J0009L23This is the third volume of Kurodahan’s “Kaiki” series – eerie supernatural stories from Japan, translated into English for the first time. The first one dealt with old Edo, the second dealt with the countryside, this one deals with city life.

City-themed horror tales will probably always be with us. Humans evolved in troupes of around 50, and many of us still feel a fundamental “wrongness” about cities that no amount of indoor plumbing will shake. Some people feel that they’re not fitting in, that they’re alienated and alone. Others feel that they’re fitting in too well – losing their identity, and becoming another bee in the hive. Uncanny Tales 3 has takes on both these themes, and many more.

There’s a lot of good things here, but three stories stand out as more than good. The first is “The Face”, by Tanizaki’s Jun’ichiro. A story within a story, it’s deep and metafictional, but also disturbing and grotesque. A bizarre art film is being released, but the lead actress cannot recall having starred in it. It features her opposite an extremely deformed man with a cancerous second face, a face that couldn’t possibly have been added in with special effects. The story is intense and pacey, and although it was written in 1918, doesn’t seem at all dated or old in its treatment of the new technology of film and permanent recordings, and what it could mean if they don’t seem to match up to reality.

“Doctor Mera’s Mysterious Crimes” finds Edogawa Ranpo behind the helm of a powerful detective/urban horror hybrid story about a doctor who kills without leaving a trace of his presence behind. Virtually nobody writes psychological scares, like Ranpo, and this is him at his best, or close to it. The story grows ridiculous, but Ranpo’s mastery of mood and tension makes it a flavour of ridiculous we can swallow.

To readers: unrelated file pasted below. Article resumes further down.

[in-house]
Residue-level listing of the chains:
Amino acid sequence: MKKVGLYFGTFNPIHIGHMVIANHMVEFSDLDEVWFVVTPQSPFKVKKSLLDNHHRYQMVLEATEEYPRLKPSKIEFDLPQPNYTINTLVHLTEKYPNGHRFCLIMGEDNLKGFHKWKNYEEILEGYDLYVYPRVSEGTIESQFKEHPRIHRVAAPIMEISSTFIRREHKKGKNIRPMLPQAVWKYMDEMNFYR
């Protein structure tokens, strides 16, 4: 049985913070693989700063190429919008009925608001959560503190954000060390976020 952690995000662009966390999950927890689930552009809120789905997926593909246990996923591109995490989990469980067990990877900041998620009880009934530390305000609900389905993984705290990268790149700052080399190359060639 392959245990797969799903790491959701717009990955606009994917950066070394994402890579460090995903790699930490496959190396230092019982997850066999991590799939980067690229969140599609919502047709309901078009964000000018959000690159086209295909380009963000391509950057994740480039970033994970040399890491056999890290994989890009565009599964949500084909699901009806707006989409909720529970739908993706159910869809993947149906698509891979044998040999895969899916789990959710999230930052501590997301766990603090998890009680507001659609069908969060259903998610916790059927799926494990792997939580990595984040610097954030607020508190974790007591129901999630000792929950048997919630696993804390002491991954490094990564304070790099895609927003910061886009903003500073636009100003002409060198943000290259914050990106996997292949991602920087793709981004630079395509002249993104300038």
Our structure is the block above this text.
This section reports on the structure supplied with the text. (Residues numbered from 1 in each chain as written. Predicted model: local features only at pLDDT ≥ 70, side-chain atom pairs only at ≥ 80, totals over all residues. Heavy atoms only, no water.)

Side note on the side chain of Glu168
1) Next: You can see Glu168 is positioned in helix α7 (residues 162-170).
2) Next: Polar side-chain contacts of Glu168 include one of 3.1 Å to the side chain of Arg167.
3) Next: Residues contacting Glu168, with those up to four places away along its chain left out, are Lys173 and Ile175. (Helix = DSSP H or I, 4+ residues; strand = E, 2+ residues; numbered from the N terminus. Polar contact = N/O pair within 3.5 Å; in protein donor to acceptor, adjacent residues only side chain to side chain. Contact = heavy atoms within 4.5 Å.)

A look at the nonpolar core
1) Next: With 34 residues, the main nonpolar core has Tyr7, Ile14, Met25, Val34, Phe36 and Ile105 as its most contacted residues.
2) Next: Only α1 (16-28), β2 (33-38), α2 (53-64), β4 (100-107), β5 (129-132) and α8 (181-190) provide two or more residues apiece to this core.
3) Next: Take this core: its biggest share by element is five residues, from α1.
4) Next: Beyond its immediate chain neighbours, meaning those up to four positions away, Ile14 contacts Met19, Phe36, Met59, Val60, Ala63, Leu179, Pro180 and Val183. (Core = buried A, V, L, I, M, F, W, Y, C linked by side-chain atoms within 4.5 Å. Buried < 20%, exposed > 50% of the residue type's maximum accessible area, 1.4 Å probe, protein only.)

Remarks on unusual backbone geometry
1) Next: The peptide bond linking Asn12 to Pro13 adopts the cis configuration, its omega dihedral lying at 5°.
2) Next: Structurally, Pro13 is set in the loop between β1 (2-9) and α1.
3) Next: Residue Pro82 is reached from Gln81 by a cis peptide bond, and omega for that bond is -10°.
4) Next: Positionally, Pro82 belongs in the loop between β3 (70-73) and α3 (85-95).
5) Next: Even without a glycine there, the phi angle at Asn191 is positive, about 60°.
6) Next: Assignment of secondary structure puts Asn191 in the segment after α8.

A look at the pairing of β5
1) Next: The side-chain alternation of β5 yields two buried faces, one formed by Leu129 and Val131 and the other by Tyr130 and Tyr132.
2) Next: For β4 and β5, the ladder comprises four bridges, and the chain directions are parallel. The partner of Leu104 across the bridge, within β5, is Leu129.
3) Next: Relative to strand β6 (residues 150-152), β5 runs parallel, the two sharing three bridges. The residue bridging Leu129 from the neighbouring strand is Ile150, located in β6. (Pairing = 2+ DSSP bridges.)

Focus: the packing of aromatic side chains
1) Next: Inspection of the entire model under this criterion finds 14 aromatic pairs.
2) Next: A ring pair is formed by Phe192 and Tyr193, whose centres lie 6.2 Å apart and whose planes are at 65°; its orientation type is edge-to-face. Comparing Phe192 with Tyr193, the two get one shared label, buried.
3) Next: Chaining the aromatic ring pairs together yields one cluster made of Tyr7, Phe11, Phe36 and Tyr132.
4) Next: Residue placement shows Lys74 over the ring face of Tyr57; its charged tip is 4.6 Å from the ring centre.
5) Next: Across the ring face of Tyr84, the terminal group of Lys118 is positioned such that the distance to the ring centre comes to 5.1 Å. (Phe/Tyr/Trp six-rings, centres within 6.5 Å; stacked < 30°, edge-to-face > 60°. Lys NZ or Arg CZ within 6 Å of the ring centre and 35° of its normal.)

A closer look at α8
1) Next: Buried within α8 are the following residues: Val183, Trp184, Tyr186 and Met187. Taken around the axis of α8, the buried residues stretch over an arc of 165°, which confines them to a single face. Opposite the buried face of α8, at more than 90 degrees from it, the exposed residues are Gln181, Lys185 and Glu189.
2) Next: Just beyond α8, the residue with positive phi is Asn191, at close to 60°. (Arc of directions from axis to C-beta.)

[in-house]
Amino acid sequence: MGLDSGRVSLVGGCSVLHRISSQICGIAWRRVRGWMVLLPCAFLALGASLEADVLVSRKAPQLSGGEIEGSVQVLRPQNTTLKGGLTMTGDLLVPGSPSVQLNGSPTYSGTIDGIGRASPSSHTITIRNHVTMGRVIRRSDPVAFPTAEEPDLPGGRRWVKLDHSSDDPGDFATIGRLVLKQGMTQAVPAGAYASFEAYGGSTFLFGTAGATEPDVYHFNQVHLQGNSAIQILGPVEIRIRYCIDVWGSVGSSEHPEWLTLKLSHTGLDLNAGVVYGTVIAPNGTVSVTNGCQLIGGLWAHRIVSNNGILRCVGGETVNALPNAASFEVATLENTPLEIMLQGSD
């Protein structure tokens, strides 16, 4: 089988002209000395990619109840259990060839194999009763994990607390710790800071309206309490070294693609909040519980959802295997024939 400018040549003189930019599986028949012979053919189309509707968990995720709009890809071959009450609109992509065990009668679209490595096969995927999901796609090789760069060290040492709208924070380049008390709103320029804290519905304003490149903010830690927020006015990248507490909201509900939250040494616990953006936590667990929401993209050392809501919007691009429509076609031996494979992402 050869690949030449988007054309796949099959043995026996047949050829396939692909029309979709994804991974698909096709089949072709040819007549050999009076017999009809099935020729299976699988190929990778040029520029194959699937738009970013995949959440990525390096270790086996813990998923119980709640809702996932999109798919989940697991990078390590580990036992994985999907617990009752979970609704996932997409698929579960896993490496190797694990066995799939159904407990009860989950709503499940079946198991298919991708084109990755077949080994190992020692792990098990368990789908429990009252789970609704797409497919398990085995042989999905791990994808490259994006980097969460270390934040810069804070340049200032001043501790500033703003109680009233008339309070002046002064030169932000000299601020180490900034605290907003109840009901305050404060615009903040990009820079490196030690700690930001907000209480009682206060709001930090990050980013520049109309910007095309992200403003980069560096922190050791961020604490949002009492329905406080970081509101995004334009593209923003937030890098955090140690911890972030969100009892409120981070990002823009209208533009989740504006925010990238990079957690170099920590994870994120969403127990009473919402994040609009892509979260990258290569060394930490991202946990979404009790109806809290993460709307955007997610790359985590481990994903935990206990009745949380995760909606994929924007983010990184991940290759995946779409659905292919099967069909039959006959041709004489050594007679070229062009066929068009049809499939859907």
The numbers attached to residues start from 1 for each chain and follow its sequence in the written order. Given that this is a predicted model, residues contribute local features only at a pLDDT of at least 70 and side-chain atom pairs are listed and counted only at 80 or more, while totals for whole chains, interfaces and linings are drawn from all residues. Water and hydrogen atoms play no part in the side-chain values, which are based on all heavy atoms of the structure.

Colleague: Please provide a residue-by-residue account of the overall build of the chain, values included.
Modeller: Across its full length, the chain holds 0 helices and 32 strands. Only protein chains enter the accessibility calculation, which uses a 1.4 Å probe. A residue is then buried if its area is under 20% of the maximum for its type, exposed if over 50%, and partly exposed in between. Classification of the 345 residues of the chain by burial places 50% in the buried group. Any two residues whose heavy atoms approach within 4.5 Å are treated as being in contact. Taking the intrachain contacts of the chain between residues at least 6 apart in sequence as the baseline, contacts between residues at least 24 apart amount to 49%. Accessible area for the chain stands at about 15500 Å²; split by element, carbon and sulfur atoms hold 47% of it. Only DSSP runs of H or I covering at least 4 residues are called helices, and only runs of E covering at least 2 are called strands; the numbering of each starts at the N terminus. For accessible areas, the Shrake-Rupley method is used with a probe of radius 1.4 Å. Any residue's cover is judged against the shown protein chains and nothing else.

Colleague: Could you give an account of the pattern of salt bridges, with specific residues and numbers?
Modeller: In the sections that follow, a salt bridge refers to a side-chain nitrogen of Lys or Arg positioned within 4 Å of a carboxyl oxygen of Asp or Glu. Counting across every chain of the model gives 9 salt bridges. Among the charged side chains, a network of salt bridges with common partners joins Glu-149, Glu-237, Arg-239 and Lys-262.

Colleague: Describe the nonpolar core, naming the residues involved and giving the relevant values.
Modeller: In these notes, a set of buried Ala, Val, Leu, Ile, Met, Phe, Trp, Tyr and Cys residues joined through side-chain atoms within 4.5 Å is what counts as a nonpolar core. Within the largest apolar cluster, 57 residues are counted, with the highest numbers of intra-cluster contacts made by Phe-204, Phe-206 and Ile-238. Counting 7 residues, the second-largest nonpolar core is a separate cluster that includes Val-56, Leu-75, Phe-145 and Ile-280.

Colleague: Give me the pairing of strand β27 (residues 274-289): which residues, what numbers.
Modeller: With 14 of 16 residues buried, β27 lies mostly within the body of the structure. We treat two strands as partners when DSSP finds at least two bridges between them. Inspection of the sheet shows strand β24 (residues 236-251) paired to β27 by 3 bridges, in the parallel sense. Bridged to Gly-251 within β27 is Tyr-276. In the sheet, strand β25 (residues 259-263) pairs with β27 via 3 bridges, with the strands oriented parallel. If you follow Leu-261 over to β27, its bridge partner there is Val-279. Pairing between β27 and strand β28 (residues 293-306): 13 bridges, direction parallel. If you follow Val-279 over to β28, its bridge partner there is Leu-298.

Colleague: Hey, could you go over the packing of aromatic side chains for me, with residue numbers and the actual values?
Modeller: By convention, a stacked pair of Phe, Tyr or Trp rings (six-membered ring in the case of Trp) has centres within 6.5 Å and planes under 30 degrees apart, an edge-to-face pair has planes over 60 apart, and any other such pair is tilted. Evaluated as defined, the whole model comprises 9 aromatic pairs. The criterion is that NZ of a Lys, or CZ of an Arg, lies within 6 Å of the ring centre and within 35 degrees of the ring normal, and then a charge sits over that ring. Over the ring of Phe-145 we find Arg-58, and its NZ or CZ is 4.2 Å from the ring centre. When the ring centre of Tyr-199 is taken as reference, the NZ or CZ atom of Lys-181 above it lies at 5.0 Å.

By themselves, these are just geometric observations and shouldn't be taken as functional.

Yamakawa Masao’s “The Talisman” comes from 1960, as the Golden Sixties were just beginning. This story tackles the darker side of that period, namely the idea that the rising yen wasn’t lifting Japan’s people along with it, and that Japan had little use for human beings beyond their services to business and industry. The story involves a man returning home, and discovering that another man is already there, and is living his life. The story contains some more complications beyond that (some of them necessary, some of them not), but the crux of the tale is disturbing: is it possible for a man to be completely interchangeable, so that he can be replaced by another without anyone noticing the difference?

Higashi Masao provides an introduction, explaining the role and importance of “Kaiki” tales, as well as what makes Japan’s take on creepy stories unique. Basically, being Japanese is to have unease in your bones from cradle to grave – the island chain is under permanent threat from fire, from water, from earthquakes, et cetera. It might be easy to feel that this lifestyle is transient and short-lived, and maybe so, but the Japanese experience can be written down in books, which last forever. If we want them to.

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